A YEAR after its first multiparty elections, Angola is descending ever deeper into a vicious civil war with little prospect of relief.
The imposition of a United Nations arms and oil embargo Sept. 26 on Jonas Savimbi's National Union for the Total Independence of Angola (UNITA) is seen in diplomatic circles as a largely symbolic move unlikely to have much impact on UNITA.
``The only move that would have an immediate impact on UNITA would be for Western governments to deny UNITA officials travel facilities - effectively closing down UNITA's offices in Western capitals,'' a European diplomat says. ``This would effectively cut UNITA's lines to the outside world.... But it is a controversial move to make.''
Aid workers say that an estimated 100,000 people have died in fighting since last year's election, and UN officials claim that up to 1,000 people a day are dying.
Mr. Savimbi indicated in an interview Sept. 24 in the French newspaper Le Monde that he regards the 1991 Bicesse Peace accords, which paved the way for the election in September last year, as ``dead.''
In what amounts to a total breakdown of trust, the ruling Popular Movement for the Liberation of Angola (MPLA) government regards UNITA's latest maneuvering as a smoke screen behind which to escalate its military attacks. ``UNITA's cease-fire is not for real,'' says an Angolan diplomat in Pretoria. ``They are not interested in negotiations.''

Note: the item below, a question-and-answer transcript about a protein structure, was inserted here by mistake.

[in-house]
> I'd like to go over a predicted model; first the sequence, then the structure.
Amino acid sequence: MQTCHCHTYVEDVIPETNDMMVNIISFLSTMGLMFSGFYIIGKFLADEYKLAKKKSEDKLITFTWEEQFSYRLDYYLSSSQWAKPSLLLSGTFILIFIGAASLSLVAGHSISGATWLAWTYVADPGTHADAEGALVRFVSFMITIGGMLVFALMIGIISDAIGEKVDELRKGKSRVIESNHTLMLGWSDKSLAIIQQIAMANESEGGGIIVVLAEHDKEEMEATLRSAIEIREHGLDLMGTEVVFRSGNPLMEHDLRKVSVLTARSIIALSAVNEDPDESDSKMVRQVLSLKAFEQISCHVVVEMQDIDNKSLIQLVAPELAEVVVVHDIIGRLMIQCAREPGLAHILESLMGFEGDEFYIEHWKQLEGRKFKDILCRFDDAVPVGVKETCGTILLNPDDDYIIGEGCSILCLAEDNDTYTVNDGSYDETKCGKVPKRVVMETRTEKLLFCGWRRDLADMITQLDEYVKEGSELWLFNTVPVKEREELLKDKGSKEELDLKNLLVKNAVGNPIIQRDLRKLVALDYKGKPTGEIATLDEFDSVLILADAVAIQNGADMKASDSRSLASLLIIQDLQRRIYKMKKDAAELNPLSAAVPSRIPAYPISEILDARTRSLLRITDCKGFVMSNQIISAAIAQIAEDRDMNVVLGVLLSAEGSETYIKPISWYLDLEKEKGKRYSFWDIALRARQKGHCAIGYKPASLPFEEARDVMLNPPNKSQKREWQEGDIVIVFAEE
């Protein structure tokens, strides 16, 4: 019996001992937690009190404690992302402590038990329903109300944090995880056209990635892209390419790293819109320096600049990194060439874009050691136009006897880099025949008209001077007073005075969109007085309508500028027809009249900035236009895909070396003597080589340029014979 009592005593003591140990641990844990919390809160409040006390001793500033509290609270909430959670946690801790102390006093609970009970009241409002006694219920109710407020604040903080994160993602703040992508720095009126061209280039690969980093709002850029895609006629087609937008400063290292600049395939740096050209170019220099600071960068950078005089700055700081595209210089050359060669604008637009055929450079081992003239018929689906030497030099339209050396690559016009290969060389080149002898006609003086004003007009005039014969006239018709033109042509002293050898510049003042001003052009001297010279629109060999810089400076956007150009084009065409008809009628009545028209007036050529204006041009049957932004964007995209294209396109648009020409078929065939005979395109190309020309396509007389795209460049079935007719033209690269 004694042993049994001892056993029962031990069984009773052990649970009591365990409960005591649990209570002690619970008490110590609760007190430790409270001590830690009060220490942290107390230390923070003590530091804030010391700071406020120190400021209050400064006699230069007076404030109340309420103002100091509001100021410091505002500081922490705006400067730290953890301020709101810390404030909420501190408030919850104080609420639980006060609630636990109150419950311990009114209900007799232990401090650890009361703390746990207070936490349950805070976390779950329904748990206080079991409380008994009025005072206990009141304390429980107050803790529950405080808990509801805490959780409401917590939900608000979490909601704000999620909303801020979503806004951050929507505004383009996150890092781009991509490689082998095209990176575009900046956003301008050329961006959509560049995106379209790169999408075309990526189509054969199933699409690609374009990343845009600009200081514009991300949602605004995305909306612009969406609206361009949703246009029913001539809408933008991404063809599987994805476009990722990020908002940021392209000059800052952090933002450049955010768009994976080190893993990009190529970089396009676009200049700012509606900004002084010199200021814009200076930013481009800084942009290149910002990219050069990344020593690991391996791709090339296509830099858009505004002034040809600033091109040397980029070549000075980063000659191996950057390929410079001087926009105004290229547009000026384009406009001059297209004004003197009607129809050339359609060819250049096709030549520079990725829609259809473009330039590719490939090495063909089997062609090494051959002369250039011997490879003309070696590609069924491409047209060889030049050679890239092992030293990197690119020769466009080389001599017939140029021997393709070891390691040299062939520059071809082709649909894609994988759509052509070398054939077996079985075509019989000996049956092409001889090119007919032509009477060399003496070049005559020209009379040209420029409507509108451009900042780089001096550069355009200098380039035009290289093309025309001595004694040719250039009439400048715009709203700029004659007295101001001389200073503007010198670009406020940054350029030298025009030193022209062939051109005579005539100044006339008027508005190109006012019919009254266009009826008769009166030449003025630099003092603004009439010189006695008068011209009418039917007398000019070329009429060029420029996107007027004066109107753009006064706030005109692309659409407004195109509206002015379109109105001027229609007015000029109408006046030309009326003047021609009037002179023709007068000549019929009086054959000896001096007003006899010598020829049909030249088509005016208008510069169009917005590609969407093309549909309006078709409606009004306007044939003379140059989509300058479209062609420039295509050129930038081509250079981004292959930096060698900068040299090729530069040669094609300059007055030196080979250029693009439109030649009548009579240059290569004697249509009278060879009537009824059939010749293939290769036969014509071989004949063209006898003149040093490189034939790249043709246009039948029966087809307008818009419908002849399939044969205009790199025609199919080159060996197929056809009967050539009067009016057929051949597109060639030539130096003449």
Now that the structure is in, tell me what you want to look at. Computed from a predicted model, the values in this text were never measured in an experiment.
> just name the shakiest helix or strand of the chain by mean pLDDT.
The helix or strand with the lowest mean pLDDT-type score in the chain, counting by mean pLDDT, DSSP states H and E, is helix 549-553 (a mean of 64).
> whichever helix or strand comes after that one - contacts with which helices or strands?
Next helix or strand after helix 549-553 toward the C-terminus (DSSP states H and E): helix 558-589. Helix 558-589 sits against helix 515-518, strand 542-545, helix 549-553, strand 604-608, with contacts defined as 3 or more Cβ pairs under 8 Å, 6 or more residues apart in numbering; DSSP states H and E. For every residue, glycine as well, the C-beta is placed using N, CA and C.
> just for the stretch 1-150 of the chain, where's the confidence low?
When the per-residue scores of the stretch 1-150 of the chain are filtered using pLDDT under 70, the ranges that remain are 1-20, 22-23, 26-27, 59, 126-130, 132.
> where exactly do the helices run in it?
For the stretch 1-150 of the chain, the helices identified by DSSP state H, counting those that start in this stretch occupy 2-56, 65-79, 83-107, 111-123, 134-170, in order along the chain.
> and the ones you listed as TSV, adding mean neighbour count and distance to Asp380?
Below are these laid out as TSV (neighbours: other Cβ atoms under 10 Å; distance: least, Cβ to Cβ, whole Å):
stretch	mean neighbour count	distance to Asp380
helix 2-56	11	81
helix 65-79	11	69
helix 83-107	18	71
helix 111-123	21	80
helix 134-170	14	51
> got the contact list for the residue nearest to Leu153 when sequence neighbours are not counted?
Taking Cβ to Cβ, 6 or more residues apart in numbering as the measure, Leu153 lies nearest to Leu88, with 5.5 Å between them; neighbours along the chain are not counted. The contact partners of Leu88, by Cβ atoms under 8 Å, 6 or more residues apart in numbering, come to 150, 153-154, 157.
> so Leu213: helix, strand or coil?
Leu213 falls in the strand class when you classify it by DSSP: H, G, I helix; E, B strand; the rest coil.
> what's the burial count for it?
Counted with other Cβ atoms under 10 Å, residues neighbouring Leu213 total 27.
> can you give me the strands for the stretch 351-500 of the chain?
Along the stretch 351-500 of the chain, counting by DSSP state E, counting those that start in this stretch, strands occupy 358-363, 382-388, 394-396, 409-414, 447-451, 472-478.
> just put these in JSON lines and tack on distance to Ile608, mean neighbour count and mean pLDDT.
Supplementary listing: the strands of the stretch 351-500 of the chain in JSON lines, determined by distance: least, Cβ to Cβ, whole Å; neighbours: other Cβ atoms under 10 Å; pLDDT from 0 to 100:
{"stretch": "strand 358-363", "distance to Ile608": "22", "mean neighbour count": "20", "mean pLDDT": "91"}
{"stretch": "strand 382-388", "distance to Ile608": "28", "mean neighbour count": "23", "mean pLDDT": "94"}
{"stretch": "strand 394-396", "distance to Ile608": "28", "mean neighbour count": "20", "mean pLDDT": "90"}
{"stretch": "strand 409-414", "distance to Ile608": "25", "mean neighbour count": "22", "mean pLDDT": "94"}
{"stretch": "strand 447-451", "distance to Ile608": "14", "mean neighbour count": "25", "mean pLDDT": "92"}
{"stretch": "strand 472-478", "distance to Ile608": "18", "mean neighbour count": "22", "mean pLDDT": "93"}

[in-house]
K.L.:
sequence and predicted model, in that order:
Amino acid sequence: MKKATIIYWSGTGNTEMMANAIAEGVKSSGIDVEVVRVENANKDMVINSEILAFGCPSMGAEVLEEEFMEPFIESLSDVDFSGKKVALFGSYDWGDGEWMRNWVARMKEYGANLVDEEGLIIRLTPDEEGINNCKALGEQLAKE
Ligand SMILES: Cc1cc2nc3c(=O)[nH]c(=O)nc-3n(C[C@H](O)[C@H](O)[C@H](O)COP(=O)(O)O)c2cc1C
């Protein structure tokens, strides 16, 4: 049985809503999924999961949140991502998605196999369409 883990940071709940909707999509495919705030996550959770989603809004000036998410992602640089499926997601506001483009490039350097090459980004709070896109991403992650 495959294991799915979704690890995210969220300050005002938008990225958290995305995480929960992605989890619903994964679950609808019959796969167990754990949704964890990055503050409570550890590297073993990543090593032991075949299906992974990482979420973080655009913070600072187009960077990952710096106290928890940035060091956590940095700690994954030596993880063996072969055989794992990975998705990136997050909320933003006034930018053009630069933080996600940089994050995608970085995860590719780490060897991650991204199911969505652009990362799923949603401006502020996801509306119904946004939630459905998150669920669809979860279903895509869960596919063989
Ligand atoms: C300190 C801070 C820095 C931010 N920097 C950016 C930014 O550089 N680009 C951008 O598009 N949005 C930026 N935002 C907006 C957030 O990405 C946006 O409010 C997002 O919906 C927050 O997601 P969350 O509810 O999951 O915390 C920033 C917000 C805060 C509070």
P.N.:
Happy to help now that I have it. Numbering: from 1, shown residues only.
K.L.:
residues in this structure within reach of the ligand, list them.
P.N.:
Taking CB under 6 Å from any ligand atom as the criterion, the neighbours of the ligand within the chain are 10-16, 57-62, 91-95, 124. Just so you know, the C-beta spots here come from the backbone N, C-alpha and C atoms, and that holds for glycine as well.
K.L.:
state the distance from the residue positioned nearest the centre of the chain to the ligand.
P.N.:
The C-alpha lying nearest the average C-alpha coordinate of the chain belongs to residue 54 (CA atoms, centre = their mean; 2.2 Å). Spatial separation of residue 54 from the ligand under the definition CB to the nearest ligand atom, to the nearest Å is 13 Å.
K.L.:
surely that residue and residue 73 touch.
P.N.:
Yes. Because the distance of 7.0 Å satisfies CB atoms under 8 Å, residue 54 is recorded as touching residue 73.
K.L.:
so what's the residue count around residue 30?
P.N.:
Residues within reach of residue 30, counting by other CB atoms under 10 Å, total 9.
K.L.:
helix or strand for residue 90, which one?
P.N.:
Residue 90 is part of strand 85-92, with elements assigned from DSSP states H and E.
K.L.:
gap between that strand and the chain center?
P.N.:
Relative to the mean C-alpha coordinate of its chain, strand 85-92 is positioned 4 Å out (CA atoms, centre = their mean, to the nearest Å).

The government wants UNITA to relinquish its post-election military gains and accept the status quo of MPLA rule. UNITA is prepared to relinquish its gains only if UN peacekeeping forces fill the vacuum.
Government military officials failed to arrive for peace talks in Sao Tome Sept. 24 after a UNITA military delegation arrived. According to Western diplomats, the MPLA is now committed to a military solution to the current impasse and believes it can drive UNITA rebels out of the towns and cities and force them into a settlement.
The Sept. 15 deadline for UNITA to return to peace talks was extended after the rebels declared a unilateral cease-fire Sept. 20 and said they were prepared to return to talks.
But fighting in Cuito has continued despite the cease-fire, say aid workers in the capital Luanda, and UNITA has launched several recent attacks in southern Huila province.